This study really was the first of its kind using such a large sample. And with 11,000 Baby Boomers per day turning 65, and with even poor nursing facilities enjoying waiting lists due to the demand for long-term care in some parts of the country, issues related to fighting among residents need to be addressed.
“Perhaps the most compelling ramification of these findings is that the traditional focus of violence mitigation in the nursing home – staff abuse of residents – may be disproportionate relative to the actual dyads involved in interpersonal mistreatment,” the authors concluded. “Certainly, there would be zero tolerance of any form of abuse by staff in long-term care; however, physical and verbal aggression between nursing home residents can be equally eroding to quality of life, and cause mental and physical suffering. Indeed, reports of serious injuries and deaths due to (mistreatment of one another by long-term care residents) now appear with regularity in the lay press, in the same way that reports of elder abuse of residents by staff slowly entered public consciousness in the 1970s. The result was widespread attempts at reform through legislative and other mechanisms (such as criminal background checks of employees).”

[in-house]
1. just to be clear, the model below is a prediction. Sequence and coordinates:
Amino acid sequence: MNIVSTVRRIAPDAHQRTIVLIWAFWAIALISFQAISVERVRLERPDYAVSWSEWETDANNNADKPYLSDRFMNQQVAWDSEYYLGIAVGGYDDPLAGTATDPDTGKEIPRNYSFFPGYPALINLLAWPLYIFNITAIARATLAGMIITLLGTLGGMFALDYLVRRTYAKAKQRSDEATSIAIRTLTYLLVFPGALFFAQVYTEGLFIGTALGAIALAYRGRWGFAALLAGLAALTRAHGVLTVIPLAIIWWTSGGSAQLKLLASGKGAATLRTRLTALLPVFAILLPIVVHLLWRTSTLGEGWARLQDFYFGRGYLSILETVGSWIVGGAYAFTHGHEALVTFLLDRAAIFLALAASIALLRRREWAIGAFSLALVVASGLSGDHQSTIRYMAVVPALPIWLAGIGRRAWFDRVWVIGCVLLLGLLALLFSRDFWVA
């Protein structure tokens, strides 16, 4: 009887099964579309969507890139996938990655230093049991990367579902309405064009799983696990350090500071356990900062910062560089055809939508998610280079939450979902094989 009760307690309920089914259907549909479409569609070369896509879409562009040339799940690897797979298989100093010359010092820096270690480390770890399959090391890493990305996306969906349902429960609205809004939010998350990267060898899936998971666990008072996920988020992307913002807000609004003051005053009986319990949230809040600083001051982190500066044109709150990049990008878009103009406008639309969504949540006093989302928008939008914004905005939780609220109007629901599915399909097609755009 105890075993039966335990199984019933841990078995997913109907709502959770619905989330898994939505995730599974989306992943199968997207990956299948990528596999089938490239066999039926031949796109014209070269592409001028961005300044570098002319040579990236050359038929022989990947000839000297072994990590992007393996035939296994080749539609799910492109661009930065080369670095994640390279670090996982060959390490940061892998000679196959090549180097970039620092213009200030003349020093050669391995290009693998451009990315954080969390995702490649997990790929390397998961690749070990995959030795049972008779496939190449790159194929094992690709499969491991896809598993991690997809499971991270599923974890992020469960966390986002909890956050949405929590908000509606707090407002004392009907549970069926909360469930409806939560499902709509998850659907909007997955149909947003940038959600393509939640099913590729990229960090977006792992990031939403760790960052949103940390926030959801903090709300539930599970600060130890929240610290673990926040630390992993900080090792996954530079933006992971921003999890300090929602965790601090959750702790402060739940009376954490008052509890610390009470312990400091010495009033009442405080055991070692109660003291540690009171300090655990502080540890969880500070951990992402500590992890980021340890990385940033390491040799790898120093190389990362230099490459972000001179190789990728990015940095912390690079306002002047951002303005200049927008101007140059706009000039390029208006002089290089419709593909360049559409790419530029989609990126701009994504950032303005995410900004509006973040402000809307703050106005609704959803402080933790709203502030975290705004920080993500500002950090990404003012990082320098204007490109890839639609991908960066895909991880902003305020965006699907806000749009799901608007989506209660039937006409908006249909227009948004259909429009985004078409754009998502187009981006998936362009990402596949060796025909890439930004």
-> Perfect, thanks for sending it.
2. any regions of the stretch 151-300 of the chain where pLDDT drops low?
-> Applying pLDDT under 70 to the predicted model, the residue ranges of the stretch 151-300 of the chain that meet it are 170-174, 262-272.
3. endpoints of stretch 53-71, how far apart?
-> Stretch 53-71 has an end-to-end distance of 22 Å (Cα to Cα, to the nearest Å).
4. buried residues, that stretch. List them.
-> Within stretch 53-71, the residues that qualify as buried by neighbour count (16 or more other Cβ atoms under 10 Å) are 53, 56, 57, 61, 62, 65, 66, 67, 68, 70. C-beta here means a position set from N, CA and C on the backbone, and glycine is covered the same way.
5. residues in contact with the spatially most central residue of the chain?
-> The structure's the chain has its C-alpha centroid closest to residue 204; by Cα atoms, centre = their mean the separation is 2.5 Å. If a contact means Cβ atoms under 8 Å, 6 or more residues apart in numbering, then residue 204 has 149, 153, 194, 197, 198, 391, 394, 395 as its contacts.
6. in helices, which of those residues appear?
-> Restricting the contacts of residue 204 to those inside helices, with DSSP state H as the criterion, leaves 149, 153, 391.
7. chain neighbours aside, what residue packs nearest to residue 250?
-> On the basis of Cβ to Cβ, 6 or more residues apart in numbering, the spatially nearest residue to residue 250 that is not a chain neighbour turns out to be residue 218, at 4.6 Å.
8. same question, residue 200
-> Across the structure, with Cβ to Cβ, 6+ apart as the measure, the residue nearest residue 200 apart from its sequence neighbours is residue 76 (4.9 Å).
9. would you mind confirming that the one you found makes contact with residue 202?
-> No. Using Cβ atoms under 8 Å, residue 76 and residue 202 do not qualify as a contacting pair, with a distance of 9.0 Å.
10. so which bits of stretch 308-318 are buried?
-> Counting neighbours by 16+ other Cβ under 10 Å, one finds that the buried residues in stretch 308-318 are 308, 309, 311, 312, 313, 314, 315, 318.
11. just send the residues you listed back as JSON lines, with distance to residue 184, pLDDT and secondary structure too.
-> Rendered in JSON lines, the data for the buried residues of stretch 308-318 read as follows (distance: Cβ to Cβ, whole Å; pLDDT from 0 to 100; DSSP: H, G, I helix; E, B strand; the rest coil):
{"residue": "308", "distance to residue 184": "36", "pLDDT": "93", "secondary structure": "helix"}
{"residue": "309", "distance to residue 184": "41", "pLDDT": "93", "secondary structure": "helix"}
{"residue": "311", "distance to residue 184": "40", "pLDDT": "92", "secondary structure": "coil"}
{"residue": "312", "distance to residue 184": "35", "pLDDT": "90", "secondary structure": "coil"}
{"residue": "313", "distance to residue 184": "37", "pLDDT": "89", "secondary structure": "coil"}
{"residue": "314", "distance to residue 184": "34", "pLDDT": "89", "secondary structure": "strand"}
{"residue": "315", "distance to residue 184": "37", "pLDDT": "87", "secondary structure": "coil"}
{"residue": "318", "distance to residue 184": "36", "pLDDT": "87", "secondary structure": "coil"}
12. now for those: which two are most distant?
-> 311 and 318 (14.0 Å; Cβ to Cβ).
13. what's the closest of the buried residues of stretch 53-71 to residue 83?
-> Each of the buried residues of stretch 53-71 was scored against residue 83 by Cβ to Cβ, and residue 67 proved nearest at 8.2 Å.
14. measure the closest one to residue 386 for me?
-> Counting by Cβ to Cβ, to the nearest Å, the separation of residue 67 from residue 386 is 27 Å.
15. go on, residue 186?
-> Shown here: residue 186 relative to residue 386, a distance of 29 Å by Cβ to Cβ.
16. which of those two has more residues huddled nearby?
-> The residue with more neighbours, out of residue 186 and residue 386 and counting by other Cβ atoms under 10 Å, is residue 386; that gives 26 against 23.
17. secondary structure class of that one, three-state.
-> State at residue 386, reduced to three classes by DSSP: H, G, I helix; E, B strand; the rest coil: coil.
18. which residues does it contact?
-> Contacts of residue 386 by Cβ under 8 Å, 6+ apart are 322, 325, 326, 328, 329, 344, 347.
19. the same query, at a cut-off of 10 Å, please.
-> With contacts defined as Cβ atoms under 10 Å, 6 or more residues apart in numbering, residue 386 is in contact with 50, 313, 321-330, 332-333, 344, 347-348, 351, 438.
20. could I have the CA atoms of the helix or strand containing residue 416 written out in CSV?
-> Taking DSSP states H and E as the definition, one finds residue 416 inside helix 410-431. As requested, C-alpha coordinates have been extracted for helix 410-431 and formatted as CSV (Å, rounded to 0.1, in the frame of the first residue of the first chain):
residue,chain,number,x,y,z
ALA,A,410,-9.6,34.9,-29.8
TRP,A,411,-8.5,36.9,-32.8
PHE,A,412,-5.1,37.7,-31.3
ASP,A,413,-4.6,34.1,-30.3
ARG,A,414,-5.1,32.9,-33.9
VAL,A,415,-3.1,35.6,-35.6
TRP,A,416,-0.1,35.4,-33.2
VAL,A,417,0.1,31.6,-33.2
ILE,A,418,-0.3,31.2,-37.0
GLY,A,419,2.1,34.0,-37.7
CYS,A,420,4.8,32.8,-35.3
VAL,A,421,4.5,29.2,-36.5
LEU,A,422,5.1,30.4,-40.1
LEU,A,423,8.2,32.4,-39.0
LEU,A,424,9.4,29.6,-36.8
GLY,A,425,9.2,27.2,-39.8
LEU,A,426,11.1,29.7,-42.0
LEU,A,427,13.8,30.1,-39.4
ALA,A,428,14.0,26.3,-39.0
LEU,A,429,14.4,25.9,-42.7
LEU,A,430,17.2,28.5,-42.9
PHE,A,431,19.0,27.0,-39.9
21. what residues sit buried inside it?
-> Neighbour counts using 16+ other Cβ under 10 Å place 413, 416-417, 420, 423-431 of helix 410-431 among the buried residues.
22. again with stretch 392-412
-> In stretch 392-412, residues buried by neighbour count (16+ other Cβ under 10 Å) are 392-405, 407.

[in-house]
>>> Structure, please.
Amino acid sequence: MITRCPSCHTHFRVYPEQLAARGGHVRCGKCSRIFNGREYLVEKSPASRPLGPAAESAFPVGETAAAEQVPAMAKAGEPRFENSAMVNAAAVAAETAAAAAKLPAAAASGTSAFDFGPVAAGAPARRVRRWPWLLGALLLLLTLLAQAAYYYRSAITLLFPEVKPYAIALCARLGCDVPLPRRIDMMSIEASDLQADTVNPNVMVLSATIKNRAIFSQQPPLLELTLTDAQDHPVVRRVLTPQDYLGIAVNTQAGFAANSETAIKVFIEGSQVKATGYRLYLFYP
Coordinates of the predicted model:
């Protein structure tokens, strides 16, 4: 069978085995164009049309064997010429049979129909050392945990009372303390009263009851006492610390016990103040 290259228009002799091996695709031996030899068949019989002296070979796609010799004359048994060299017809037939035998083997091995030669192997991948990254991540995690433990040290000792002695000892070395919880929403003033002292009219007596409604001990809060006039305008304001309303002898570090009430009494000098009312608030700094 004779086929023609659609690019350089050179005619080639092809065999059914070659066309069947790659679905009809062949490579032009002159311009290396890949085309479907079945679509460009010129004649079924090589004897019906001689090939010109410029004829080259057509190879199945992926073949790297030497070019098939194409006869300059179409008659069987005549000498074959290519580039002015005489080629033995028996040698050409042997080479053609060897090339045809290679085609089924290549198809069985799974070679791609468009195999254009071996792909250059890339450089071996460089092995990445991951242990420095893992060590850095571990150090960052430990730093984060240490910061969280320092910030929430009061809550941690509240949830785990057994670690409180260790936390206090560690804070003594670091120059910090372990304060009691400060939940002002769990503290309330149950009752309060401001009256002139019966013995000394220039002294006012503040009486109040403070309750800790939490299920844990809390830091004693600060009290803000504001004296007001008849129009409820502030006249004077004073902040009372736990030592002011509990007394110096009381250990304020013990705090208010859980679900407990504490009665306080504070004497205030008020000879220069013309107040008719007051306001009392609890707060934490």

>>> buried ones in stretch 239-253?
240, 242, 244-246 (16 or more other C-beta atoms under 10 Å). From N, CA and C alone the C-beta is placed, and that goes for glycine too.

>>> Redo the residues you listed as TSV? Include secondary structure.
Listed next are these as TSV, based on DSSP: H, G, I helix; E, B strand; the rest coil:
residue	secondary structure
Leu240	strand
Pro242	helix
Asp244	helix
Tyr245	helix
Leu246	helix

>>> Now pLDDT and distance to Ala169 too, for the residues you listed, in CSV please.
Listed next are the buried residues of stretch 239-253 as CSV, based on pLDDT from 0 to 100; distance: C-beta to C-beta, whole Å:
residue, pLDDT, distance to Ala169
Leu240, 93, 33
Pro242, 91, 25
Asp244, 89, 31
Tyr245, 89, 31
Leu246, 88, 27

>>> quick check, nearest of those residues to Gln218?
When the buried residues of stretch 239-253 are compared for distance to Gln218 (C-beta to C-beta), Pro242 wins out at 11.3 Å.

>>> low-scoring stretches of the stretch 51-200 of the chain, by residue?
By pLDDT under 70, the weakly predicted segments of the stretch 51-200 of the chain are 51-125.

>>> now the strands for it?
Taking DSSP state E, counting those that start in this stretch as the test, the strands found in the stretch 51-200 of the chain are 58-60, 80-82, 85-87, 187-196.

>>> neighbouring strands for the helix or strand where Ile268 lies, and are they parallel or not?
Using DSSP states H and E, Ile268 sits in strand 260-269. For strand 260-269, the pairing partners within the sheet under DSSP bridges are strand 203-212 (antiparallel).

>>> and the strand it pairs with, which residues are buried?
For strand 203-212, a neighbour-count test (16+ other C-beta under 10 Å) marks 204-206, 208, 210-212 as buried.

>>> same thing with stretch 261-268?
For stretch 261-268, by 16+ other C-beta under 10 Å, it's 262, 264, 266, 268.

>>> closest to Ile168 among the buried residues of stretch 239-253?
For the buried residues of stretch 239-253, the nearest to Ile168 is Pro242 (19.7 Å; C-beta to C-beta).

Once again, the bottom line is that we need to do better.
“Not long ago, residents who wandered in nursing homes were routinely restrained. Gradually, the deleterious effects of this practice were recognized, and innovative strategies were created to manage that behavior, such as the creation of designated areas where patients could ambulate freely and safely. Future research…should similarly focus on deleterious effects of these behaviors on residents and staff, and identify the specific provocateurs of (residents abusing one another) at all levels – patient, context, staff, facility, and an overall societal acculturation to aggressive behaviors in the nursing home – so that successful interventions can be developed and tested to mitigate this understudied phenomenon.”